8 Tips On How To Get Started With Business Intelligence for Small Businesses

Eight Reasons Why You Need to Get On Board with Business Intelligence for Small Business

1. Fulfill different needs

New business intelligence tools are designed to cater for versatile needs of customers from different industries. As they are designed to be operated entirely by their users, they can easily adjust to many types of needs. Smart self-service BI tools allow you to analyze multiple data sources on your own. Consequently, your company must choose and pay for just one tool that will address problems of many departments. Each department can connect their own data sources, for example marketing – Facebook or Google Analytics, whereas Sales – CSV files or SQL databases, to pull out business insights that are most significant to them. Moreover, BI software providers usually offer a few types of product packages – you can choose the one that matches your small business requirements in terms of its price and features.

These tools are particularly beneficial for fulfilling the various needs of a small business or startup. A jack-of-all-trades culture is part of the fun of being in small business. It can feel like everyone is involved and invested at every level of the organization. It also has a tendency to create a few knowledge gaps. With everyone covering multiple roles, some expertise areas may lack depth. Data and analytics is a great example. Many small businesses can’t afford to have a full-time staff member dedicated just to business intelligence. What they need is multiple staff members acting as part-time analysts for their departments and roles. Business intelligence for small business makes this possible.

Easy-to-access web-based dashboards are the easiest way to empower small business employees and owners. A self-service BI solution shouldn’t require extensive training, programming knowledge, a data scientist, dedicated IT staff or a complex data infrastructure. Staff armed with easy-to-build/drag-and-drop, actionable and effective business dashboards can successfully tackle a wide range of department and organization issues across the board. Instead of wasting time trying to figure out “who might know this answer” or “who can pull the necessary data,” employees can proactively track their own Key Performance Indicators (KPIs), identify cost savings and make strategic decisions.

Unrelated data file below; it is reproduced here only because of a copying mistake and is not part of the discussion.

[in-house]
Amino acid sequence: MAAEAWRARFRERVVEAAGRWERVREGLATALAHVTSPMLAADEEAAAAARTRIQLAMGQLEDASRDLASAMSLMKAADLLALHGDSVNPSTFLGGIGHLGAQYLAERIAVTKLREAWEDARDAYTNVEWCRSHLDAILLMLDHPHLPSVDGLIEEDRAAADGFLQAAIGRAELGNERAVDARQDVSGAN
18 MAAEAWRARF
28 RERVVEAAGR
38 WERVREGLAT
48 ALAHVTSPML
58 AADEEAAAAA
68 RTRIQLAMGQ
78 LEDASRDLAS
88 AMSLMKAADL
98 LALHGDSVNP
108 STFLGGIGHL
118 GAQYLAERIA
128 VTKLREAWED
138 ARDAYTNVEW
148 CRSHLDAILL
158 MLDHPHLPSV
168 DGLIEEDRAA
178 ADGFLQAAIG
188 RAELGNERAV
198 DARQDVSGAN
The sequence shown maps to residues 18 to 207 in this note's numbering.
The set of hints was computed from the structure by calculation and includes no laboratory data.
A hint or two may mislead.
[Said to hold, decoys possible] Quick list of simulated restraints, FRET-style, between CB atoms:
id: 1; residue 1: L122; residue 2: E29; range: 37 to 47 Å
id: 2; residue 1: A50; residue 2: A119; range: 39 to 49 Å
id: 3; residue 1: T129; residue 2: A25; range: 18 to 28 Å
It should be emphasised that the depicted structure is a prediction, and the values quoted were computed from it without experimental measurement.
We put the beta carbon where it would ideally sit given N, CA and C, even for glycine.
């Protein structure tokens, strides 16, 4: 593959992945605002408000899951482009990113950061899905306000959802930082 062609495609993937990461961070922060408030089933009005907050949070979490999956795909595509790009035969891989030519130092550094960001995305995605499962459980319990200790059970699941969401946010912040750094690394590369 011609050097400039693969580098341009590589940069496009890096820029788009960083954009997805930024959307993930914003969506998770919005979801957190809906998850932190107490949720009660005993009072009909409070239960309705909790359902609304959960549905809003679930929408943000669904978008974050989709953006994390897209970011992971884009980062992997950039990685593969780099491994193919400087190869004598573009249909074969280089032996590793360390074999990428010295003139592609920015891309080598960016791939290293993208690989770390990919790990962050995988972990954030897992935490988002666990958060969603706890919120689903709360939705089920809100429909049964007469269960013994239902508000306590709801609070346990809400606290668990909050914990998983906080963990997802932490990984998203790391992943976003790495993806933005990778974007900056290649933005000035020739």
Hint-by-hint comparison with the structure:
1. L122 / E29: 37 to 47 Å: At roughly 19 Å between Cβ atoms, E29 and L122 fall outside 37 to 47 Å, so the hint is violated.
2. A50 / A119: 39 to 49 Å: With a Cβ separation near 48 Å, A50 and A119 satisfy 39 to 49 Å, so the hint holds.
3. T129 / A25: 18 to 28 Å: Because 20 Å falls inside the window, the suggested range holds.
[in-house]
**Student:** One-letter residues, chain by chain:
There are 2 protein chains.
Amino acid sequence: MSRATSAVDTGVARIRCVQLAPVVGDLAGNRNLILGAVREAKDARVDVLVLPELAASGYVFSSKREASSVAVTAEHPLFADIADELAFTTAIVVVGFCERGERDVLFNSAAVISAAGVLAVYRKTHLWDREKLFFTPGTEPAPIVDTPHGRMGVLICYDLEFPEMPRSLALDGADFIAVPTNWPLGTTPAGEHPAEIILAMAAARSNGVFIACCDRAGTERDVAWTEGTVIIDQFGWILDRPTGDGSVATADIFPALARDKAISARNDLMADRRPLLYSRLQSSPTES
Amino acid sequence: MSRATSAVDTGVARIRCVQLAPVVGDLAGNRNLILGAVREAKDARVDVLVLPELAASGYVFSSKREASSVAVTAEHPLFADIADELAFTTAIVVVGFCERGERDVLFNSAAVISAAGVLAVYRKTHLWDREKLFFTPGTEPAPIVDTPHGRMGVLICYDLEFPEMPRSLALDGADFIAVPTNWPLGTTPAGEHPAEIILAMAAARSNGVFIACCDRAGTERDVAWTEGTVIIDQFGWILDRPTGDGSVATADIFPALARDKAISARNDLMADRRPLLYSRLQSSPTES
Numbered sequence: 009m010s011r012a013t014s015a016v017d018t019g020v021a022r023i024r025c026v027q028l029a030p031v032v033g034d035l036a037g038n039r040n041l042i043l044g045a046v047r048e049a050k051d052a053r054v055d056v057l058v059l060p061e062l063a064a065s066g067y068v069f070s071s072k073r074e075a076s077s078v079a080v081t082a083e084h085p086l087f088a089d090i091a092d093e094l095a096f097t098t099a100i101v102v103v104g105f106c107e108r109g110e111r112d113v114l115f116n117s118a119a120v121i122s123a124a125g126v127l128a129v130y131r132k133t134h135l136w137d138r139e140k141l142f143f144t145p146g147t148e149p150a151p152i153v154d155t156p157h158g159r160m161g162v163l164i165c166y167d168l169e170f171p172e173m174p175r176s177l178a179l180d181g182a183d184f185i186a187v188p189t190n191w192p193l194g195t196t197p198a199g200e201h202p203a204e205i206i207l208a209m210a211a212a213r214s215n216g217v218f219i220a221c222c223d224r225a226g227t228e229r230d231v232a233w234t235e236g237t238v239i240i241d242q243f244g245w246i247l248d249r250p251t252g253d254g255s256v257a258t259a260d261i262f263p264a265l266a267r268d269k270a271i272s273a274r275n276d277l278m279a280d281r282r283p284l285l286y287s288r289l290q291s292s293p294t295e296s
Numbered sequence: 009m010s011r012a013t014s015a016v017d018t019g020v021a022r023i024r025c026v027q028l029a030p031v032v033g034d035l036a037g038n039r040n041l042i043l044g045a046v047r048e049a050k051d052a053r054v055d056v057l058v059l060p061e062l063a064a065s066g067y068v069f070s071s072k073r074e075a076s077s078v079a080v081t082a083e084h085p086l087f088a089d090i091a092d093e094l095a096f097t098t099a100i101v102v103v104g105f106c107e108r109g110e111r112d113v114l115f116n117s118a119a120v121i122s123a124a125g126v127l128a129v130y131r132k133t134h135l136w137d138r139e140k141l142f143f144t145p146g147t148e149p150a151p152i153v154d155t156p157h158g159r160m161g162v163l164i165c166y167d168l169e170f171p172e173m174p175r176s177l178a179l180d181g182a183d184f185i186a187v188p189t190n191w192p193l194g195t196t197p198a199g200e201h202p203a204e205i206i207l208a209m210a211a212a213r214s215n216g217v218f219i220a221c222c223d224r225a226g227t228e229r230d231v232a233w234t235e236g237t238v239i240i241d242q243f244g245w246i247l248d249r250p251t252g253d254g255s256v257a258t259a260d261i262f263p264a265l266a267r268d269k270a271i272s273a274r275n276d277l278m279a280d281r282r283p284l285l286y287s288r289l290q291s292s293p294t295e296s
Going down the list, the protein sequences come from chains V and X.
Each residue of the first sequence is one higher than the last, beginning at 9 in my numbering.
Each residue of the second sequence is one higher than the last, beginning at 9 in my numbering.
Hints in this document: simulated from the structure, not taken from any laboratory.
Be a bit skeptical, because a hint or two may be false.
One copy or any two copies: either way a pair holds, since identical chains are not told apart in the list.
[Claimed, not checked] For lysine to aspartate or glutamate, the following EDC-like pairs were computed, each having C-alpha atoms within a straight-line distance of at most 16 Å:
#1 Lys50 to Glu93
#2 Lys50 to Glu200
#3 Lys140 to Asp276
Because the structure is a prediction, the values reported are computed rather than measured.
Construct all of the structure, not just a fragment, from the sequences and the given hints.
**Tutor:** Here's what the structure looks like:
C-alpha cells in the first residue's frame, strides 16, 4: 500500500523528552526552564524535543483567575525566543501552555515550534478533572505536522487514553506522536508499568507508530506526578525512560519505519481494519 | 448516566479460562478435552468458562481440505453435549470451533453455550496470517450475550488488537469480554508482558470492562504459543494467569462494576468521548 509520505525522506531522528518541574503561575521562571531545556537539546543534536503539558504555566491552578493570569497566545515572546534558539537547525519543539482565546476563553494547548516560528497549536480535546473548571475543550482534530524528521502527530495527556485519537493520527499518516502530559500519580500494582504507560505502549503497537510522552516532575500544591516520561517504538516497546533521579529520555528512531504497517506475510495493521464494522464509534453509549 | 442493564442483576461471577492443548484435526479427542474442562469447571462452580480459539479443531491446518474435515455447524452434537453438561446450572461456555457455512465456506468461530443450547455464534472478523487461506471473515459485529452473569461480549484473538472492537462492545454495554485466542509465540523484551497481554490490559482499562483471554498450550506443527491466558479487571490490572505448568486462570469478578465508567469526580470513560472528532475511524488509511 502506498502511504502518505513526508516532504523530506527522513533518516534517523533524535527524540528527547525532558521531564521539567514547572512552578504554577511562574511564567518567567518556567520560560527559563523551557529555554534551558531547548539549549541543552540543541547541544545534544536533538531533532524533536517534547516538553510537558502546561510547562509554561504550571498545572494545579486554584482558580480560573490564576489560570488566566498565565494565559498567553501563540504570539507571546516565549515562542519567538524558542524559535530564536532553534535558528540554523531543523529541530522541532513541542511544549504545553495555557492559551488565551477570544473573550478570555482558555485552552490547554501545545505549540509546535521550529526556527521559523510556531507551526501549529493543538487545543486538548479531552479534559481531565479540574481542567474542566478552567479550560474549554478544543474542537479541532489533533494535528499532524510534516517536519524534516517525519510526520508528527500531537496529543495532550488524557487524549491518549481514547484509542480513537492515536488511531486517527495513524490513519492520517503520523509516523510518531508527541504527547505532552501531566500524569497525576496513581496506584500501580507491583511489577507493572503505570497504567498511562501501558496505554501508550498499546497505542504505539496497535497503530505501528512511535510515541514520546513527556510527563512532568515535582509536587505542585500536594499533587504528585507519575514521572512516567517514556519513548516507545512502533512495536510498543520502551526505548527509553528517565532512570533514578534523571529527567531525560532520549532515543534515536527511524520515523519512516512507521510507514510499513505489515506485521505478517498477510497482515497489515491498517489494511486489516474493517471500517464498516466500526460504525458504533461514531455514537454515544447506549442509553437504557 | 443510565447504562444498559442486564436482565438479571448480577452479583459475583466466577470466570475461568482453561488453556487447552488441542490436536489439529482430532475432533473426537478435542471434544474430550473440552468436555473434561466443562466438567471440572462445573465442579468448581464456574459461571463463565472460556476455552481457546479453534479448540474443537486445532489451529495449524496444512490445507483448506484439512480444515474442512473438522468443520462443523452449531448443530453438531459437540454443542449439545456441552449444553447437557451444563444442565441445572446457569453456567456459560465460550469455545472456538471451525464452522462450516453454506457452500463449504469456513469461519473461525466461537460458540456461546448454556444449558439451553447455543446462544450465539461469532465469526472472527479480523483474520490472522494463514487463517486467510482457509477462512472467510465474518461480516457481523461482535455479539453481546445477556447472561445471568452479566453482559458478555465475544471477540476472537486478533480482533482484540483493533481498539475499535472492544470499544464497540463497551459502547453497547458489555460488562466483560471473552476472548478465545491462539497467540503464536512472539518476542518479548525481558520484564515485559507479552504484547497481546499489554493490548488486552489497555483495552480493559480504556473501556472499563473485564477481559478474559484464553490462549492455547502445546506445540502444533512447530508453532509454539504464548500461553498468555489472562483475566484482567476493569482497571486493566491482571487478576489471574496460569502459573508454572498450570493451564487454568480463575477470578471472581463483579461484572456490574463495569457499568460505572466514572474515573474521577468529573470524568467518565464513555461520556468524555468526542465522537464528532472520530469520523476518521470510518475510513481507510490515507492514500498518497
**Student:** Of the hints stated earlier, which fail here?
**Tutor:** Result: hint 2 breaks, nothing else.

Don’t forget to test-drive your business intelligence – always make use of the free trial so you can be sure you and your team will be comfortable using it.

2. Increase transparency and relationships with customers

If you want to consolidate your presence in your customers’ minds and make them stay with you, you must respond to or even forecast their needs. Acquiring and maintaining a base of loyal customers is particularly important for small businesses – we all know that retaining a customer is much cheaper than attracting a new one. Business intelligence for small business helps to gather data about your customers’ behavior and structure it in a clear form so that it can be analyzed fast and easy. With insights about your customers’ behavior you can make effective business decisions.

Using data to best serve your customers is only part of how small business analytics improves customer relationships. Your customers want data. Transparency is the name of the game these days. Data improves negotiations and fosters customer relationships. For instance, BI tools are providing transparency to previously opaque procurement processes. The complicated nature of the procurement and supply lifecycle often creates strained businesses practices along the lifecycle. Both sides can now easily access these data points through BI software. Procurement can quickly analyze supplier performance and provide feedback on how they are being evaluated, performing against the criteria, and performing vis-à-vis their competitors. There is also easy to prove that the data by which suppliers are being measured is accurate, unbiased and up-to-date. Procurement can also provide suppliers with purchases and demand patterns ahead of time.

Exclusive Bonus Content: The Rise of Self-Service Analytics Tools
Learn how innovative self-service analytics tools empower technical and non-technical users alike to reveal the insights behind their business data.

3. Analyze and easily combine various data sources online